Smaller states outside the EU
The second category of small European includes those aspiring to join the EU. Western Balkan countries such as Albania, Montenegro, Kosovo, North Macedonia, Bosnia and Herzegovina (BiH), and Serbia have different relations with the EU, and most of them are also members of NATO (except Kosovo, Serbia, and BiH). Serbia is the only country in the Western Balkan that follows military neutrality, it continues to have closer cooperation with Russia and, together with BiH, did not join the EU sanctions regime imposed after the February 2022 invasion of Ukraine. The other Western Balkan countries support EU sanctions against Russia.
We can also add Switzerland, Ukraine and Moldova to this category. Moldova, which proclaims itself to be neutral, does not have full control of its territory, and Russian troops are stationed in the breakaway region of Transnistria, which Moldova claims to be part of its territory. Its policy of neutrality is precarious. Switzerland joined EU sanctions against Russia, but also remains strictly militarily neutral. Nonetheless, within the Partnership for Peace, it seeks to extend its relations with NATO. Ukraine is currently seeking membership of both NATO and the EU, but both applications are unlikely to succeed if it fails to reach a peace agreement with Russia.
Which place for smaller states?
The post-Cold War international order has been seen as allowing smaller states to shape their own destinies and influence world politics. They have built an influential role through their ability to wield "normative power" by promoting ideational rather than material aspects of the international order. However, the Russian invasion of Ukraine has altered the security architecture in Europe and, in general, has affected the whole international system by putting into question critical principles such as sovereignty. It has also created a fragile and vulnerable context in which especially the smaller states outside the EU and NATO orbit have to find their way.
Nonetheless, even with various constraints they face, it can be said that smaller states both within and outside the EU are fairly well positioned to shape and influence their own agendas. EU and NATO member states are protected by their membership of these two powerful bodies, in whose deliberations and decision-making they can actively participate. Equally, neutral states such as Austria and Switzerland can continue to promote their traditional foreign policy approaches such as mediation, conflict prevention, and the hosting of international conferences, and thus promote the resolution of conflicts and shape the agenda for a peaceful international order. They can thus continue to function according to their narrow definitions of legal neutrality by not joining military alliances.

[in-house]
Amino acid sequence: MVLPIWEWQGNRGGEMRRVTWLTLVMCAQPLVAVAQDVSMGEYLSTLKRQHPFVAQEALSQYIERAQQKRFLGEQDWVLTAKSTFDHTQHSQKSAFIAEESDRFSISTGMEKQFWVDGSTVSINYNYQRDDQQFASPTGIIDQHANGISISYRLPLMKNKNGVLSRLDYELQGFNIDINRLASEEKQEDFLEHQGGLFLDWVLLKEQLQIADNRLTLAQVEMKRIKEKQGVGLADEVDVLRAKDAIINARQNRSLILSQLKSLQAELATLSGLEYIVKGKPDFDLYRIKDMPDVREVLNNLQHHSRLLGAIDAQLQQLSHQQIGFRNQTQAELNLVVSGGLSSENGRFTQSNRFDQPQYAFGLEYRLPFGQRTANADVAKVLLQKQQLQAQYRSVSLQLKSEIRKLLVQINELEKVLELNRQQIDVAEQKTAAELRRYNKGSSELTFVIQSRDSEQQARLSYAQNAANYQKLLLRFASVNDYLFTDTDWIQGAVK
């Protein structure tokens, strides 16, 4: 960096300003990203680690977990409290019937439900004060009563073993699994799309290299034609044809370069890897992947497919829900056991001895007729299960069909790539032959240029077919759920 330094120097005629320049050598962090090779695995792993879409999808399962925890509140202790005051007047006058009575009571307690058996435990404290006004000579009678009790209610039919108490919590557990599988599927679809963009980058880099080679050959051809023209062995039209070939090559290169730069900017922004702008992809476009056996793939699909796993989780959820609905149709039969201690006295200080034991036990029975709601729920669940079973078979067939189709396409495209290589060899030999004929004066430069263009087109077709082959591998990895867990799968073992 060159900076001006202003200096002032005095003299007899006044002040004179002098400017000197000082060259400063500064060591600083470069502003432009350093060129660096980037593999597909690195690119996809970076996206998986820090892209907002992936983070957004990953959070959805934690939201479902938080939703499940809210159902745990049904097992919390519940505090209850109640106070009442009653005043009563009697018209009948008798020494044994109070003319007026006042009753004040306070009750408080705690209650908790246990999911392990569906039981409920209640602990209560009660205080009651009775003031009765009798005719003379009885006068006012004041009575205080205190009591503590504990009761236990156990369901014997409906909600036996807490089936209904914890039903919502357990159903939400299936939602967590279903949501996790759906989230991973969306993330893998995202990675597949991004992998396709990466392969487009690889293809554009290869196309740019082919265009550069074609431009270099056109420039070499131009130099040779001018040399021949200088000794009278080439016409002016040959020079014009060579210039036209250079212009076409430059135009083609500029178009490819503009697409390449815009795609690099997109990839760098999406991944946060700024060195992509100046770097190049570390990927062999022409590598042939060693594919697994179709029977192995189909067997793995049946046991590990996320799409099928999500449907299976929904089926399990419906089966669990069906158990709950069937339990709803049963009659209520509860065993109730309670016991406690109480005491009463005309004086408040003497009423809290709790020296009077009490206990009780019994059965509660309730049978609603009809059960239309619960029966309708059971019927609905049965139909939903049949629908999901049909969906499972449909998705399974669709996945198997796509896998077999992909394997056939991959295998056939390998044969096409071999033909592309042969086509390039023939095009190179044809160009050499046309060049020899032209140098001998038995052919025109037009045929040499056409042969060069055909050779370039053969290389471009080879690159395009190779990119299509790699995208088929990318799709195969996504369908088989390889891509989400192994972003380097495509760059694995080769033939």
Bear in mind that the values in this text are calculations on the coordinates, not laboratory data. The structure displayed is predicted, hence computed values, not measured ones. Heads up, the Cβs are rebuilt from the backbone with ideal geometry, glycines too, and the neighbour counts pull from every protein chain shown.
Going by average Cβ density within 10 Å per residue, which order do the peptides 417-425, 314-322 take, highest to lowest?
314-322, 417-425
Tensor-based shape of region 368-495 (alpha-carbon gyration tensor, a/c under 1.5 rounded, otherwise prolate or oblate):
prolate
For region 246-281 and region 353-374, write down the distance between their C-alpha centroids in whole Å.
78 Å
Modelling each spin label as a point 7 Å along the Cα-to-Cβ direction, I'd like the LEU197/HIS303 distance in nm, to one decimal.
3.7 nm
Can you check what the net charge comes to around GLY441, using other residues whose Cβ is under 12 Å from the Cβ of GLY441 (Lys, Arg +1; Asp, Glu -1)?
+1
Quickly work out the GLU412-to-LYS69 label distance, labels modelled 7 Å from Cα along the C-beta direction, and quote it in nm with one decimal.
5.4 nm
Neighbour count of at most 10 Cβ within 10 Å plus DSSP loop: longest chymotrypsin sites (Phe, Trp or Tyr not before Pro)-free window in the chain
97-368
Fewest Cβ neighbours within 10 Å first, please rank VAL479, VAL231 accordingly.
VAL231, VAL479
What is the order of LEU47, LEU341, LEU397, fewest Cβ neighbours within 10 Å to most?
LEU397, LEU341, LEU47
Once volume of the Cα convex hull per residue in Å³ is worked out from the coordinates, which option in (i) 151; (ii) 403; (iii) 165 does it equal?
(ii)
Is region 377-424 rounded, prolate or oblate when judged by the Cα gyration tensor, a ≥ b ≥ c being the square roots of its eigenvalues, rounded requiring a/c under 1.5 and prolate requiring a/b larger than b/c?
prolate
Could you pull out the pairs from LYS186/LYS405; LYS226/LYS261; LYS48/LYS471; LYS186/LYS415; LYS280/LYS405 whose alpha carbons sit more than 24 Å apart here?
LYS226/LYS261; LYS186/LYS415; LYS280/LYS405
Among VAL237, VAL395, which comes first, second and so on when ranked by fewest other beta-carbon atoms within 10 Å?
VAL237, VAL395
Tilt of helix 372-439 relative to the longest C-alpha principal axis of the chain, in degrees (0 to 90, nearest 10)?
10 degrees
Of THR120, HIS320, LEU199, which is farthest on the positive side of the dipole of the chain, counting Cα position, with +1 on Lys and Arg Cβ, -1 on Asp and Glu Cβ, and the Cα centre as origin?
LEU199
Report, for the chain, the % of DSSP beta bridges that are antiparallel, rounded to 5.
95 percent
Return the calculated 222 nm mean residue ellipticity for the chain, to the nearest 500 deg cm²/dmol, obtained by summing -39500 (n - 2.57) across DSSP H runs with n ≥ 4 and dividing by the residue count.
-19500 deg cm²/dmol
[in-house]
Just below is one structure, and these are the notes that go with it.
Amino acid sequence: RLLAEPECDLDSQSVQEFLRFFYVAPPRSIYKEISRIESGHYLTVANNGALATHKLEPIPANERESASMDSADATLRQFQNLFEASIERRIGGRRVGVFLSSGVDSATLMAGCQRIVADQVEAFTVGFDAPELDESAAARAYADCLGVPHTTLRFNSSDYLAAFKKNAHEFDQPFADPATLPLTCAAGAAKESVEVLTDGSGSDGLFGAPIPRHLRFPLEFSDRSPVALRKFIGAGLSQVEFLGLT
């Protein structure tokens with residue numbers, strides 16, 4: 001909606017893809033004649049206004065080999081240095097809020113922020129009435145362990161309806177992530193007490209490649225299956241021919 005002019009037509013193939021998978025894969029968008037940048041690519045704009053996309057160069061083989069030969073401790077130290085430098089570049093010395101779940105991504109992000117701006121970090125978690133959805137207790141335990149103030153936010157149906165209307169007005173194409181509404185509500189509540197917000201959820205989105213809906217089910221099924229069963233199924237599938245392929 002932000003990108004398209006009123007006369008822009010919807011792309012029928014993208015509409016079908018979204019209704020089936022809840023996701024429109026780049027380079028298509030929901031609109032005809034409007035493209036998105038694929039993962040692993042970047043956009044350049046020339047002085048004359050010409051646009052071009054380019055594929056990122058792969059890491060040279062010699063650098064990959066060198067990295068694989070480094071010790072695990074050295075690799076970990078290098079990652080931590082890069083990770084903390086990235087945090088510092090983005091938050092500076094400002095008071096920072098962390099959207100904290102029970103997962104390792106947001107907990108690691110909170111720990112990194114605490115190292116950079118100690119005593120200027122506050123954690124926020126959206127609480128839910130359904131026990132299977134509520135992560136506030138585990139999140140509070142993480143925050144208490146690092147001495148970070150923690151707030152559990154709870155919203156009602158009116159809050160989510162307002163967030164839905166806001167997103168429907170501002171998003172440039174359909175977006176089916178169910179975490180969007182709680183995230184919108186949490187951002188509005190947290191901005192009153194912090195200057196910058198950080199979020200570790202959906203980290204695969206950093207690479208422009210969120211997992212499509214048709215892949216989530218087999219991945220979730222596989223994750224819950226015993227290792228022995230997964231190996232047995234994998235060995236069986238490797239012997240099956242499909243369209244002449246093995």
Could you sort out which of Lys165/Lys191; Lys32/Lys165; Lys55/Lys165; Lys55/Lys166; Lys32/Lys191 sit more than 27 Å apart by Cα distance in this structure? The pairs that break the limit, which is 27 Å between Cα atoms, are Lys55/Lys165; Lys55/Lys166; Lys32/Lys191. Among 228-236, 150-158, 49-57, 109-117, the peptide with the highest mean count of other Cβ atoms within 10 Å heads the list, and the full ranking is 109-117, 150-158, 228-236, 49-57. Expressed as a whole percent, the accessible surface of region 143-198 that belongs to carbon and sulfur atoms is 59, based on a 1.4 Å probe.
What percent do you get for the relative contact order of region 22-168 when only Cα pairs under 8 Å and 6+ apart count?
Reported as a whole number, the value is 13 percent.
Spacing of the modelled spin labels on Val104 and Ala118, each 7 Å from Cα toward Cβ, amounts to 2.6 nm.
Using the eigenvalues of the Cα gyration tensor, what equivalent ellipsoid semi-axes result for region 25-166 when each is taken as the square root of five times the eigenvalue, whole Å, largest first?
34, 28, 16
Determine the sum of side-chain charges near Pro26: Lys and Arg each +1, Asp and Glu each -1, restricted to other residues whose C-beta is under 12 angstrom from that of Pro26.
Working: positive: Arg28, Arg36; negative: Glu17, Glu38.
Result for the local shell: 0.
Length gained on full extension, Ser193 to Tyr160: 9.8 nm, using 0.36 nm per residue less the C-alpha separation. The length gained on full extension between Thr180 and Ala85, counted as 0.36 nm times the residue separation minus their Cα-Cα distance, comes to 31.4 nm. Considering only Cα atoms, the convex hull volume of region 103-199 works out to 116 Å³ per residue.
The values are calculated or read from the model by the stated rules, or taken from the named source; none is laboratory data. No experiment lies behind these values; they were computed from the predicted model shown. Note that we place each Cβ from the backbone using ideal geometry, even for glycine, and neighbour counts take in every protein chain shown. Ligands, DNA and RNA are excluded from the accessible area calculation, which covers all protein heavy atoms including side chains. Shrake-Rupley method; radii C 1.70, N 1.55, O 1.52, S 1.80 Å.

The European security architecture has changed dramatically in the last few years since the end of the Cold War. Smaller states are constantly trying to adapt and find space to continue to be relevant and independent by promoting ideational factors as one of the most developed elements of their respective foreign policies. Recently, however, they have focused on increasing their spending on modernising their military forces. The logic of fear that pushes them to do so is felt more in countries that border Russia, such as the Baltic states and Moldova. While the former have greater security from their NATO member-ship, Moldova has continuously been exposed to a possible invasion from Russia. Additionally, the eruption of wars in the former Yugoslavia in the 1990s, the continuation of fragility in this region, and the ongoing war at the gates of the EU create a very fragile and unfavourable environment for the security of smaller states in the Balkans region in particular.